6.03 / March 2011

Two Poems


We made love, algebraic and steady.
Soon, you left for work. I spent the day
like foreign currency, ambling. I was an
angler fish. You were bioluminescent,
right past the bridge of my nose all day.
I followed, and also did not follow.
I bumped into things all day. I went to
the library, where none of the books would
tell me about Pushkin, where the librarian
cut coupons and set a timer on my use
of the table. The logs in the fireplace
had never been lit. I went upstairs to
find the rest of the books, and found,
instead, offices. Everything was under
water, my apologies to the librarian
for the pile of books, the smell of my
leftover sandwich. I could not work
around you. When I left the library,
there was police tape to my left, and
I drove the wrong way down the street,
women with strollers milling on the
sidewalk, waiting for something to emerge
from the house between the library and
St Mary’s Church. Everything was
under water, the skateboarders, the
rubbernecking women who had heard
this was a methamphetamine bust
in this sleepy northern city, this city
where the sidewalks are planted with
low flowers in geometric patterns, each
one a separate lure, the soil dry between
them, this city named after the town in
England, it turns out, where the Magna
Carta was born, the rights of the common
man, this city so asleep on the beach
it does not know how far underwater
I can breathe, or what I see, the way lit
as it is by a cold light. I am as alone
as I can be, just now, with the city
pressing in, the disapproving woman
who almost hits me as I drive away
shaking her head, but I am increasingly
alphanumeric, making more and more
sense the closer I am to home.


After taking a series of self-portraits
with a 1930’s incinerator, which was
covered with lichen and spiders and rust,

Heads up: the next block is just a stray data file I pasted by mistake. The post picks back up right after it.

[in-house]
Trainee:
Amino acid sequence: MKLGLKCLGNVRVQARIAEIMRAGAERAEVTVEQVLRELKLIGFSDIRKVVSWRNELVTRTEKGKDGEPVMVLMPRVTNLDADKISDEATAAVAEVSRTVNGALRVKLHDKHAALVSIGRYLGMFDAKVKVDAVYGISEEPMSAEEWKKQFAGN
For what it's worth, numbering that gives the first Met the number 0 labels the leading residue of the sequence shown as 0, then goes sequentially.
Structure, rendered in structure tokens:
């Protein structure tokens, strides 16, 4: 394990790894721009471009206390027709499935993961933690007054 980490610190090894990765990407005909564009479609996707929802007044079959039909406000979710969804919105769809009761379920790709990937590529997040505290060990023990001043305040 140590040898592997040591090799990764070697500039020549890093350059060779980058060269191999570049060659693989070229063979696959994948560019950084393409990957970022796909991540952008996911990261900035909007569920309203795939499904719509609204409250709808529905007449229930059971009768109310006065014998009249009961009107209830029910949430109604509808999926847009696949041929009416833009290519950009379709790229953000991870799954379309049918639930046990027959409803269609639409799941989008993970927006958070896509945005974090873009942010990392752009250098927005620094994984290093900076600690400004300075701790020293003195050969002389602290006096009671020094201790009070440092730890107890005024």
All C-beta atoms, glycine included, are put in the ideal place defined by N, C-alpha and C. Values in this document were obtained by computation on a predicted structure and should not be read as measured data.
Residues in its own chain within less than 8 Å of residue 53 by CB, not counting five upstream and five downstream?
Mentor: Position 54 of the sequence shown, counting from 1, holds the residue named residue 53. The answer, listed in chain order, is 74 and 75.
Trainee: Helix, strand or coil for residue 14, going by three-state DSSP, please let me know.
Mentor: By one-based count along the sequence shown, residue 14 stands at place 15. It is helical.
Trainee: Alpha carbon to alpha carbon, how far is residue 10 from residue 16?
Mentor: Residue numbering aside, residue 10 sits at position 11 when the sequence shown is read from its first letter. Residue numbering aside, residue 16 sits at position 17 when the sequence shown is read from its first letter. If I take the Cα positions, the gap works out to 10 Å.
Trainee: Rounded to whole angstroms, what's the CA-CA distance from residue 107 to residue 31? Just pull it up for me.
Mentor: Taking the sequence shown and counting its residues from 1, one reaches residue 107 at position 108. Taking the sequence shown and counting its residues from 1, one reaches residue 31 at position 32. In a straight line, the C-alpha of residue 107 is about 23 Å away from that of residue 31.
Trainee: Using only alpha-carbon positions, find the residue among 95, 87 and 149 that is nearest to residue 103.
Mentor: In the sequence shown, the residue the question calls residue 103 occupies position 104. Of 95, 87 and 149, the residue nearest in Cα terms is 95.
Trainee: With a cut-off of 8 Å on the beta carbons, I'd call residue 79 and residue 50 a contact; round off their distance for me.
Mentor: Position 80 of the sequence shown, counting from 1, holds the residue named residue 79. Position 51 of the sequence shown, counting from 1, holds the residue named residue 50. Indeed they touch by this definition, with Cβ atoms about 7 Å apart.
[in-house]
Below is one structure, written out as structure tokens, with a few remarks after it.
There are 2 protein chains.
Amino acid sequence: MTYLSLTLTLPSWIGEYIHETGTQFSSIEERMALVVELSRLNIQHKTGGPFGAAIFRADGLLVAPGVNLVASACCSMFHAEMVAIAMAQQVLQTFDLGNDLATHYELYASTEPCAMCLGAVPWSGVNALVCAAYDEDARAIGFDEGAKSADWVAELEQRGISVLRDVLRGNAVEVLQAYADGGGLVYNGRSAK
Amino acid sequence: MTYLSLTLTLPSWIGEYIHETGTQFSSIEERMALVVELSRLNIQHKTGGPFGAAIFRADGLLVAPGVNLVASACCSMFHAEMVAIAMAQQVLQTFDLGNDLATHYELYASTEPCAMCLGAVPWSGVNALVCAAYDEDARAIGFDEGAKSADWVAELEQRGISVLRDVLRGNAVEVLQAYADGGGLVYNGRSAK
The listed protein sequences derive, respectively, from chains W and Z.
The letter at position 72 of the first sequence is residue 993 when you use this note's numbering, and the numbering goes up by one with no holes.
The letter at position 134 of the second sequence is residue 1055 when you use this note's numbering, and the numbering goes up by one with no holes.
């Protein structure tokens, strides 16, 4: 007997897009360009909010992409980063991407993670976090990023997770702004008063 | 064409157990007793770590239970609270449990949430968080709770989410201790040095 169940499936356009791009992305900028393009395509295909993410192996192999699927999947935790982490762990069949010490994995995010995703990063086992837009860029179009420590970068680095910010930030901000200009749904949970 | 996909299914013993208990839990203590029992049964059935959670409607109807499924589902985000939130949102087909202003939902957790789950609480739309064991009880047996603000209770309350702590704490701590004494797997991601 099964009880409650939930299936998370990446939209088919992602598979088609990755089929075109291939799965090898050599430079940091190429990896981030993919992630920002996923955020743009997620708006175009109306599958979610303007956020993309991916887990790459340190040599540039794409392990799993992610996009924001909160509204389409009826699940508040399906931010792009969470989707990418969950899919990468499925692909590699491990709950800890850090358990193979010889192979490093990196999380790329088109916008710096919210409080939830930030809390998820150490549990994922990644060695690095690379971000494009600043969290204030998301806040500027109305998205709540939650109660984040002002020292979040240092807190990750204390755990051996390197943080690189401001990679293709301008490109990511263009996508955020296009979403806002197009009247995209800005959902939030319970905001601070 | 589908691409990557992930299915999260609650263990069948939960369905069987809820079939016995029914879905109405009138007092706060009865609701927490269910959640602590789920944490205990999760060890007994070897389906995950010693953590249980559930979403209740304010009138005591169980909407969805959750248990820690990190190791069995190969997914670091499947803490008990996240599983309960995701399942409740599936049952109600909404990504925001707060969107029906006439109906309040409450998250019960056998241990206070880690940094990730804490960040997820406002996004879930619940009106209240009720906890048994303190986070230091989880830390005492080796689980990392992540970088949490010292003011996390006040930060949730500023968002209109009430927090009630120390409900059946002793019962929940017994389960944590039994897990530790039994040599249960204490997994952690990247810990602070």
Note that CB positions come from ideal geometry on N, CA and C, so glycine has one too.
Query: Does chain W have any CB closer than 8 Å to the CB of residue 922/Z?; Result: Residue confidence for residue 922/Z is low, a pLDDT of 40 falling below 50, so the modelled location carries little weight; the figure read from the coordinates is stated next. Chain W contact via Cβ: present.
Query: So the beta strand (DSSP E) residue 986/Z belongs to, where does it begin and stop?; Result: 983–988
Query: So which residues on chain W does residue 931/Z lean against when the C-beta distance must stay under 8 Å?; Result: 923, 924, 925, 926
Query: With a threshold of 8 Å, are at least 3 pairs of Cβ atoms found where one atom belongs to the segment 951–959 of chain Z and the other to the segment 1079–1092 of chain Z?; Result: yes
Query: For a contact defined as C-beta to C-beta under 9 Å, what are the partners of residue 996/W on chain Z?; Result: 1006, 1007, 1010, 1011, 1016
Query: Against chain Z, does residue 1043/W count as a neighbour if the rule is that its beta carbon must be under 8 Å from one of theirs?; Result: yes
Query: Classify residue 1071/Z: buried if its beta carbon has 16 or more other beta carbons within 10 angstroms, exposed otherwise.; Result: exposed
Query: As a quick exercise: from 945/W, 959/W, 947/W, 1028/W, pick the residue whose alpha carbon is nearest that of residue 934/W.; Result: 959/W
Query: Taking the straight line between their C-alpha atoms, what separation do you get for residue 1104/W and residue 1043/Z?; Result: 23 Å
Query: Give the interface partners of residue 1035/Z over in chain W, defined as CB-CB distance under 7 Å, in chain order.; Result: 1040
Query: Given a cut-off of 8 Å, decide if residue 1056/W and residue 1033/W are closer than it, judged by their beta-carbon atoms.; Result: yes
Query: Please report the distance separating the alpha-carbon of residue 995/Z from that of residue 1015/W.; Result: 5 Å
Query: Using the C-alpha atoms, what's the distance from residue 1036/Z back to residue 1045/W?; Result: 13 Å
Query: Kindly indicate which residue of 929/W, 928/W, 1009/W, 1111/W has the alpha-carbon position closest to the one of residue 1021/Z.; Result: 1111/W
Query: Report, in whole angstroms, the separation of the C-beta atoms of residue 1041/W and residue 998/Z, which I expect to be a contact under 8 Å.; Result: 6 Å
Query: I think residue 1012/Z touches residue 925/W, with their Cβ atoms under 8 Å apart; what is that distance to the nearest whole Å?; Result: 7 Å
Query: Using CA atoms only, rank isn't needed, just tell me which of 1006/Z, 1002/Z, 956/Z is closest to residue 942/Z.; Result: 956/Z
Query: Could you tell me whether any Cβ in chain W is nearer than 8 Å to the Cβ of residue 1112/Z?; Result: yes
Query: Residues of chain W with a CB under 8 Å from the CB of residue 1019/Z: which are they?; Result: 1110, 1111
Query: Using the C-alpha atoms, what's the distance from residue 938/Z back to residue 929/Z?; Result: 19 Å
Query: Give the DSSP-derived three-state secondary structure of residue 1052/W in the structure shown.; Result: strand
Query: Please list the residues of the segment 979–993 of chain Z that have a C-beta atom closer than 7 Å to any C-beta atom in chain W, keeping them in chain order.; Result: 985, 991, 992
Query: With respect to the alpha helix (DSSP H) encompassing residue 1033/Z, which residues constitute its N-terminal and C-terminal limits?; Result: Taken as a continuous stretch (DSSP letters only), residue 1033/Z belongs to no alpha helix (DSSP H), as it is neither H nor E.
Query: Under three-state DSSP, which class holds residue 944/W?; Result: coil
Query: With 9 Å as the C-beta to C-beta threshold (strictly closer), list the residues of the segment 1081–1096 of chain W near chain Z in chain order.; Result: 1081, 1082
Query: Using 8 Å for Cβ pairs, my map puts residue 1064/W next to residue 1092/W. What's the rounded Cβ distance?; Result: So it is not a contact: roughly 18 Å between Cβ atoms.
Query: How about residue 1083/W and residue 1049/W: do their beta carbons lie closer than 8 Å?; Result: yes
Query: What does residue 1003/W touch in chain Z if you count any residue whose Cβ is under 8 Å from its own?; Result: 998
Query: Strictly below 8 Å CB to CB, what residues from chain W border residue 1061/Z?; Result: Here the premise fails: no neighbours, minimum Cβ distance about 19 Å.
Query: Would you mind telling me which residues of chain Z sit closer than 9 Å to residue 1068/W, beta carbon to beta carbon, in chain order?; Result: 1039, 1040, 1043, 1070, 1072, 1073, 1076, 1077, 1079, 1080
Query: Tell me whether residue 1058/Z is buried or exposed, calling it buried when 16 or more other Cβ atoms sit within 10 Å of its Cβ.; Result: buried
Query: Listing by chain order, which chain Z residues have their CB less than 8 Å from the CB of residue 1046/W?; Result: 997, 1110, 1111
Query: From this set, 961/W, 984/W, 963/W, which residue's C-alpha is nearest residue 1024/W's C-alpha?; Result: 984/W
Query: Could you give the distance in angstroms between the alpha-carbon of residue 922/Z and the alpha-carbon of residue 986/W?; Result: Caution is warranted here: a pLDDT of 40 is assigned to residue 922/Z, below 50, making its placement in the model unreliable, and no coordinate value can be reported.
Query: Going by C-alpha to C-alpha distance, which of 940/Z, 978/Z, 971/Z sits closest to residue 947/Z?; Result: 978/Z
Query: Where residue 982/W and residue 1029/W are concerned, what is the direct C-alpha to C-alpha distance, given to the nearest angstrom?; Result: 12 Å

a series of close-ups of the coin operated
view-finder, which said step up and turn
to clear vision, I took a series of portraits
of myself with the bronze 1930’s CCC Worker,
who was looking off into the middle distance,
wherever that is, and looking a little
long suffering. I sidled up, and in much
the same manner that I take all my shots
of myself-trying to catch myself
unawares, mid-expression-I tried to
catch myself and the statue in a moment
of intimacy. I snaked my arm around
his neck, my hand casual against his
collarbone, and looked off. We looked
together into the middle distance, into the
air bowl of sky that is the canyon’s yawn.
Then, I leaned toward him, so that my head
rested on his shoulder. Then, I nuzzled in,
for real, there, on the constructed walkway,
mid-trail, at the edge of the canyon, even my dog
looking askance at us. I stood there until
the people stopped staring, until the weather
burnished my skin that same sun-brown, until
my dog walked away with the young girl
who had asked so nicely, so much earlier,
to pet him, until all I could think was how
I wanted to look into his eyes forever, despite
his pupils being awkwardly cast, like two
small finger prints, as if someone once tried
to reach inside them, how I wanted to brush
his cheek with the backs of my fingers
in the dark, where no one can see me cry
and some twist of metal in my chest
is tightening and I can feel it shiver,
how I would never be able to, turned to
bronze like this, stuck out in the various
weather, him caught mid-kiss with the top
of my head, stuck there like that, how I
would stand like this forever, caught in the act
of desire, frozen before reaching or speaking,
how I got, in the end, what I had always been after.

Kerrin McCadden’s poems have appeared or will appear soon in American Poetry Review, Hunger Mountain, RATTLE, Poet Lore, The Fiddlehead, Painted Bride Quarterly and New Delta Review. She was a finalist for the 2010 Ruth Stone Poetry Prize and a semi-finalist for the "Discovery"/Boston Review 2010 Poetry Contest, the 2010 Ralph Nading Hill Award (Vermont Life Magazine) and the 2009 RATTLE Poetry Prize.
6.03 / March 2011